The City Of Phoenix is considering a switch to a 4-day workweek. City workers would have Friday-Sunday off. This sounds incredible, right? But, as always, there’s a catch. Get the full story and take my poll…
Thursday could become the new Friday for thousands of Phoenix city employees in an effort to save money and keep workers happy.
Phoenix officials are considering mandatory Fridays off for administrative employees but would exempt those who support functions that can’t be shut down such as water-plant employees, aviation workers and public-safety staff.
If approved, Phoenix would become the largest municipality in the state and the country on a mandatory four-day schedule, where employees typically work 10-hour days with Fridays off.
Amid the economic downturn of the past two years, many public and private employers have adopted modified schedules to reduce costs and lift workers’ sagging spirits. Faced with enormous budget deficits, cities are saving money by closing offices one day a week. And with widespread layoffs and pay cuts casting a gloom over offices, giving workers a three-day weekend boosts both employee morale and productivity, say supporters of four-day workweeks.
Several Valley cities and towns including Avondale, Buckeye, Fountain Hills, Queen Creek, Peoria and Mesa are already on a four-day workweek.
If adopted, the modified schedule would close offices in downtown Phoenix on Fridays, mainly City Hall, the Calvin C. Goode Building, Historic City Hall and the Personnel Building. About 2,000 of the city’s roughly 15,400 employees work in these buildings, where residents go to do everything from obtaining building permits, paying water bills or applying for business licenses.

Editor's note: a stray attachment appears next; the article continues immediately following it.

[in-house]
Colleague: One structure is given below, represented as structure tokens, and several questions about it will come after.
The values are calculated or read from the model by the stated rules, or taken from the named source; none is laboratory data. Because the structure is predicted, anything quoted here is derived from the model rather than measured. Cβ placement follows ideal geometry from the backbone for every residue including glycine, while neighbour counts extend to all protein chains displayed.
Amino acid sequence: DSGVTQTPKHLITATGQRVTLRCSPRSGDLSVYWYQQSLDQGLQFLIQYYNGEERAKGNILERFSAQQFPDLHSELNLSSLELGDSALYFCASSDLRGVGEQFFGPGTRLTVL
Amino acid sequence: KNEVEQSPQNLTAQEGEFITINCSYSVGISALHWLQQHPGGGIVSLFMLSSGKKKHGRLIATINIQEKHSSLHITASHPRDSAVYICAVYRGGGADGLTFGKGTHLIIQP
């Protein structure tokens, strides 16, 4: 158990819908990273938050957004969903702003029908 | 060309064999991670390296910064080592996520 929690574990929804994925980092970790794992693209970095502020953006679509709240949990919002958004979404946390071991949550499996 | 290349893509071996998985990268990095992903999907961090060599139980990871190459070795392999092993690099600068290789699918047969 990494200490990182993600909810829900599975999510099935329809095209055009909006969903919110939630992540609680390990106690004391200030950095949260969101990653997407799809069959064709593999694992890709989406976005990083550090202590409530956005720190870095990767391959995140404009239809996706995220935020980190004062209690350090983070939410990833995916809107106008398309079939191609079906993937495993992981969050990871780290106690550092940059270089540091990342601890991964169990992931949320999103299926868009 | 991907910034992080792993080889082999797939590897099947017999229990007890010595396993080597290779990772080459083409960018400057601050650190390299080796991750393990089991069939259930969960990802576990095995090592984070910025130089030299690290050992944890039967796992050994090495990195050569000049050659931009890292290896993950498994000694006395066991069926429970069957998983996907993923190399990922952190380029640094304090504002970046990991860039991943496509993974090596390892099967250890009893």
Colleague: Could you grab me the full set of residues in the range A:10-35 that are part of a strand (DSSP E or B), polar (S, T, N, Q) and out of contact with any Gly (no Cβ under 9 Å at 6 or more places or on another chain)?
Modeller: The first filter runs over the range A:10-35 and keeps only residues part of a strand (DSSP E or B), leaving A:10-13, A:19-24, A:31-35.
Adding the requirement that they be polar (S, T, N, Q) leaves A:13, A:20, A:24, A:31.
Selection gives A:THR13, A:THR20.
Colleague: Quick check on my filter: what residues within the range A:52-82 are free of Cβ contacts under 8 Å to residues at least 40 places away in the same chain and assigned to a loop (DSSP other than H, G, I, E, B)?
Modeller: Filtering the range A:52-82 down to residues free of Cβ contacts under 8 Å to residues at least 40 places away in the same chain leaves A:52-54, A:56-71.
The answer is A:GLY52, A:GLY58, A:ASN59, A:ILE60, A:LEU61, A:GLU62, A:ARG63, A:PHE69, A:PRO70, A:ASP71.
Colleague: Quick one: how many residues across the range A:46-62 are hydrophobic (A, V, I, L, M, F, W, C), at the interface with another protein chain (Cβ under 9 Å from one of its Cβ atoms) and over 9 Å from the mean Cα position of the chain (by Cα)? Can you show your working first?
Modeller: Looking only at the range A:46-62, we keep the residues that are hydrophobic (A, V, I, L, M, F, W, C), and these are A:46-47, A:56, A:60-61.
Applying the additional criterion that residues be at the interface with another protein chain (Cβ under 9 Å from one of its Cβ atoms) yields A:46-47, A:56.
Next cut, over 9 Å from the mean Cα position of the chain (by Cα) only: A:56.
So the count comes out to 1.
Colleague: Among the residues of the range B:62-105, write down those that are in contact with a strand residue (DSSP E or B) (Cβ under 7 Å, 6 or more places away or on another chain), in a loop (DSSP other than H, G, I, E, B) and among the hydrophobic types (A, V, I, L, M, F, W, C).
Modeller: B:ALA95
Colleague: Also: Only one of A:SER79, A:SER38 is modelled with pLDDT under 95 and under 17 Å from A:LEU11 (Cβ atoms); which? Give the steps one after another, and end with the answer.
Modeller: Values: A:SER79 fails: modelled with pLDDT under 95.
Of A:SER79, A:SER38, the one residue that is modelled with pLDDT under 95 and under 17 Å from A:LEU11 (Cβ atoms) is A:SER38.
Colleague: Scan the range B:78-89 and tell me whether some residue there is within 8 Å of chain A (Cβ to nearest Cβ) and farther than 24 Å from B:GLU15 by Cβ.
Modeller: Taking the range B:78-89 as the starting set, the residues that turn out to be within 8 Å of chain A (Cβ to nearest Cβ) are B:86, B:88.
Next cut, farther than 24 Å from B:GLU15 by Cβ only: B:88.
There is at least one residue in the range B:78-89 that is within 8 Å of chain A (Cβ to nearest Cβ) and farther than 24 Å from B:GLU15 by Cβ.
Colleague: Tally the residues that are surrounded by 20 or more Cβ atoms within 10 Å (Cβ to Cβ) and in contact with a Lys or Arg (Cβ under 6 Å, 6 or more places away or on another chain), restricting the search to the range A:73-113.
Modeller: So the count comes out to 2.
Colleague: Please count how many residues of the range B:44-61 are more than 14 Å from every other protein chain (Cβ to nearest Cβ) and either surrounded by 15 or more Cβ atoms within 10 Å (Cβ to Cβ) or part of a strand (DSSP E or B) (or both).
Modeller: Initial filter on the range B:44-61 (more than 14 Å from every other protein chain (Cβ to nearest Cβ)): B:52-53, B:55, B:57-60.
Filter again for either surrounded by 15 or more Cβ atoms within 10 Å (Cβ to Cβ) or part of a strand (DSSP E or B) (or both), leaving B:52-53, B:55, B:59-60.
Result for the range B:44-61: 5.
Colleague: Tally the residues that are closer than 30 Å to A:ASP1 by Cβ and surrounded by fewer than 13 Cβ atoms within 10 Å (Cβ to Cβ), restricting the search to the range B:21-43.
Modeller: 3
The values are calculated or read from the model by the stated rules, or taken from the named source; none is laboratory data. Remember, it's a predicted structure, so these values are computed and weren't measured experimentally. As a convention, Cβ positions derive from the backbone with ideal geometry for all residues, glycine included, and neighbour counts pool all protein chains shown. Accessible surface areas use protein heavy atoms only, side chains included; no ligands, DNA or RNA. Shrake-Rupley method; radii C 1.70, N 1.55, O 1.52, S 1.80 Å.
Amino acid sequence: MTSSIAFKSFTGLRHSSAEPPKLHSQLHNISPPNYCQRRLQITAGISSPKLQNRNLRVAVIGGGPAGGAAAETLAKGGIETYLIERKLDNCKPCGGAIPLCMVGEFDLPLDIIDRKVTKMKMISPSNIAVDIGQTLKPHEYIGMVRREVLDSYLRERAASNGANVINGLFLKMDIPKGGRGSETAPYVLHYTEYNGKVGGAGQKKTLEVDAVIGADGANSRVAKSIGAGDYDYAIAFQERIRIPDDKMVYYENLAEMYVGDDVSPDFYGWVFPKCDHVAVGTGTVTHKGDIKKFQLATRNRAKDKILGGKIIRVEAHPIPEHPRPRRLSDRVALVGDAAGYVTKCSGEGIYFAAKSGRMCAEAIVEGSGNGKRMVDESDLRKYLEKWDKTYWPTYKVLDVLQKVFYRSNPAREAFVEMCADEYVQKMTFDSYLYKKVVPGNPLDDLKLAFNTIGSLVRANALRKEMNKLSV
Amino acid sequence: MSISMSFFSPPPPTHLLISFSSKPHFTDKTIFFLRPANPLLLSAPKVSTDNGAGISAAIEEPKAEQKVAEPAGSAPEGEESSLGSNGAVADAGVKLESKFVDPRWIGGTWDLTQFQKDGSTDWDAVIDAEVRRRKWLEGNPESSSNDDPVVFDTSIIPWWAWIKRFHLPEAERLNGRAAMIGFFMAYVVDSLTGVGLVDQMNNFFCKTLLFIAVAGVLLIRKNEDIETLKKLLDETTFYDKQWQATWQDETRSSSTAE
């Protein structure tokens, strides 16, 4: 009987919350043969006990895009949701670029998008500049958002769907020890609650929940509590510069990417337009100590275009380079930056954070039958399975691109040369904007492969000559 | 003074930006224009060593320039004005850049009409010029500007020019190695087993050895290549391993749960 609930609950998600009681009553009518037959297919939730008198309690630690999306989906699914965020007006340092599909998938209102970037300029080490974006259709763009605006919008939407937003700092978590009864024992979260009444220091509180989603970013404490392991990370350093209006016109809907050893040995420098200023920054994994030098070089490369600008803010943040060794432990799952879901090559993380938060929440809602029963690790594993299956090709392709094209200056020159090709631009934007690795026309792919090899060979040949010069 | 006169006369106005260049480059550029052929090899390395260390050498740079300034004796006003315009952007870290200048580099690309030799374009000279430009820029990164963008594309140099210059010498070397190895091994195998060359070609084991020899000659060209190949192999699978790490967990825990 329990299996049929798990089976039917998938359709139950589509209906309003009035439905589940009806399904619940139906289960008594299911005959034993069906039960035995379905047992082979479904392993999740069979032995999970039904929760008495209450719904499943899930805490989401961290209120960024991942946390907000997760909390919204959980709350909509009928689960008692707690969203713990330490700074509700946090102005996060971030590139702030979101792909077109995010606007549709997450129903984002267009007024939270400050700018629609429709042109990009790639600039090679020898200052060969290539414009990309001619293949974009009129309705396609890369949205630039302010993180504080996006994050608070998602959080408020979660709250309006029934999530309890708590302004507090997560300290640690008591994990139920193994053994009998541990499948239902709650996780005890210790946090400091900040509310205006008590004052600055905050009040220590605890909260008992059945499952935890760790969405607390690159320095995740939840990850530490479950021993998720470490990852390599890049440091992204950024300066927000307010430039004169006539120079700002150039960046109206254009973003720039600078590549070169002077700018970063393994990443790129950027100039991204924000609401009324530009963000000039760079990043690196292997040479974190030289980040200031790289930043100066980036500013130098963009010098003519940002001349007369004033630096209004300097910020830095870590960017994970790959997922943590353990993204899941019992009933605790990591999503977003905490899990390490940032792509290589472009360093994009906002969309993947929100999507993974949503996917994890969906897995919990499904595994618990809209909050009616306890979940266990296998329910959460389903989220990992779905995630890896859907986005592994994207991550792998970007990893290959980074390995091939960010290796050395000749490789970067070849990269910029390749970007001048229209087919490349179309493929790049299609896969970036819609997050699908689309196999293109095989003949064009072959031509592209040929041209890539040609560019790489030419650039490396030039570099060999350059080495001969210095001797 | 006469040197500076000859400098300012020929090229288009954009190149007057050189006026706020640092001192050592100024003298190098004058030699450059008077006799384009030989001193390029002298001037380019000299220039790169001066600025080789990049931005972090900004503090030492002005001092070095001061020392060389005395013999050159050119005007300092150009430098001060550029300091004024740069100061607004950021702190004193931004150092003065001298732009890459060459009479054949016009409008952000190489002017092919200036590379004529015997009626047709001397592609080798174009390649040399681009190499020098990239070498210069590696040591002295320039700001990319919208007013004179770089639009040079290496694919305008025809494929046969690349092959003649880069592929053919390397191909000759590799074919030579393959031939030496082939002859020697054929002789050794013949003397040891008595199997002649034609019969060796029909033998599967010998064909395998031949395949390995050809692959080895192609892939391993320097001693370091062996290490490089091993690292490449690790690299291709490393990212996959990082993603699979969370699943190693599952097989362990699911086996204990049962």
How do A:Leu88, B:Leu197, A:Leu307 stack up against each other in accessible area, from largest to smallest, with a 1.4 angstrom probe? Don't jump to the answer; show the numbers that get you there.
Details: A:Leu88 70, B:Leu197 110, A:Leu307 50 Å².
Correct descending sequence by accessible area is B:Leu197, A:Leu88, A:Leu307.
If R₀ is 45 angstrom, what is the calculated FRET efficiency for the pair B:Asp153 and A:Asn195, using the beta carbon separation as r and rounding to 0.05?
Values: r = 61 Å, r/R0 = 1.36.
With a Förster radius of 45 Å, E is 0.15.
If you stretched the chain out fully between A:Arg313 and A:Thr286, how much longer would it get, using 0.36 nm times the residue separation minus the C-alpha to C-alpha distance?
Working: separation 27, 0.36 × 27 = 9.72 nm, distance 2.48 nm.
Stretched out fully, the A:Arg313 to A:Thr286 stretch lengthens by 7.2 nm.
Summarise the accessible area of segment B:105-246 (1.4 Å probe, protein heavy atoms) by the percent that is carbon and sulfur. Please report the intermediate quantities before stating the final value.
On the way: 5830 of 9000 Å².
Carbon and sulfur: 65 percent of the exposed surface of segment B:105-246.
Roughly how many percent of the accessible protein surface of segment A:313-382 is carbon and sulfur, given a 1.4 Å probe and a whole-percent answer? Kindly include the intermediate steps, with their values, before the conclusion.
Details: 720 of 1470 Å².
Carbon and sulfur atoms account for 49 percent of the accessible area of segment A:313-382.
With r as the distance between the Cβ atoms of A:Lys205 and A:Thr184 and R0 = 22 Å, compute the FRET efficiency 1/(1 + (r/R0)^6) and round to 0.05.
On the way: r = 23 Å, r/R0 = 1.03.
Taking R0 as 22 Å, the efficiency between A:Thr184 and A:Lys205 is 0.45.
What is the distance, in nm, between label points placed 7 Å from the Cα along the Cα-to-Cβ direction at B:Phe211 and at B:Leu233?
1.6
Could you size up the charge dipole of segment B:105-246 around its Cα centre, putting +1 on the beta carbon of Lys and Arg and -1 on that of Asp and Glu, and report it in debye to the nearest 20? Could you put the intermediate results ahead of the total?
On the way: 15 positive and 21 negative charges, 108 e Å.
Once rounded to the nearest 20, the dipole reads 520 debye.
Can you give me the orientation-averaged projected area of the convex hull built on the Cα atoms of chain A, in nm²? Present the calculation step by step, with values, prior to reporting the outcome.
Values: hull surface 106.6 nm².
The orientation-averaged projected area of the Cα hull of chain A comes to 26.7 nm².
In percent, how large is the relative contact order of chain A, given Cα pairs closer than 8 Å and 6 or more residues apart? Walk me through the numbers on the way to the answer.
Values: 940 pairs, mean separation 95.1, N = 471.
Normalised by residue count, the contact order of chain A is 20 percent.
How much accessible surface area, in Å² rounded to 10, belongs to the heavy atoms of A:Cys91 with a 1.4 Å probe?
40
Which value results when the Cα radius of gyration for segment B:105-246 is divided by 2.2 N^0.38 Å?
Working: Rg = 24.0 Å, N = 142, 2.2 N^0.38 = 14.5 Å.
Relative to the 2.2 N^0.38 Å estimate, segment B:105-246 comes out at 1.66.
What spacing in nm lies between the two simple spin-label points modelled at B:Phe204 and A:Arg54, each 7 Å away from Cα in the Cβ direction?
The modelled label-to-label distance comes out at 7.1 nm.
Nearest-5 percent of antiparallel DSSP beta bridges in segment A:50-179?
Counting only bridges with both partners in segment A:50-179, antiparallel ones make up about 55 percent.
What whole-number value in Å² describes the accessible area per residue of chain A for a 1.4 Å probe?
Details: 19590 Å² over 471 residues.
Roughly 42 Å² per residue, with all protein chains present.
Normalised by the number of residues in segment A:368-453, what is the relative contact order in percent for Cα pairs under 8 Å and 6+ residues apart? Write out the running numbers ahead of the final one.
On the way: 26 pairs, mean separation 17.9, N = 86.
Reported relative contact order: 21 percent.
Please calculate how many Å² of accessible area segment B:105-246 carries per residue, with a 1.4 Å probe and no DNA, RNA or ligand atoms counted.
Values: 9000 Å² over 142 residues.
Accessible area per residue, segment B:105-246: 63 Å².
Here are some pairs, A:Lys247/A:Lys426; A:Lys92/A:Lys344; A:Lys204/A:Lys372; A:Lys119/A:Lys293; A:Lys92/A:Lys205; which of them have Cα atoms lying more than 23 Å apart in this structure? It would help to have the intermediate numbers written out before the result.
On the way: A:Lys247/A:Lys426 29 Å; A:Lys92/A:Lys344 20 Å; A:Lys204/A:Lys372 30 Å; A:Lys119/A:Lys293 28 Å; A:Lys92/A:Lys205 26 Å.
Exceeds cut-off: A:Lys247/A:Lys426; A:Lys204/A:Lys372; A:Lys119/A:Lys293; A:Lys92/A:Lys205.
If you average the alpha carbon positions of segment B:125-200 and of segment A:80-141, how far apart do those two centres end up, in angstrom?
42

The modified mandatory schedule, however, would not operate citywide, said Cathy Gleason, Phoenix’s budget and research director.
“Clearly we wouldn’t apply it to libraries community centers and senior centers,” Gleason said. “You can’t say we’re going to shut it all down.”
The city already allows for flexible schedules, and some employees, like garbage collectors and patrol officers, work 10-hour days, four days a week. But now city officials are weighing the pros and cons of introducing a four-day workweek for office workers. It is still unclear if city management will suggest the program to the City Council for adoption or when it would launch.
Gleason said the financial benefits of a four-day workweek aren’t overwhelming. The city would save about $200,000 annually in custodial, energy and overtime costs with the switch.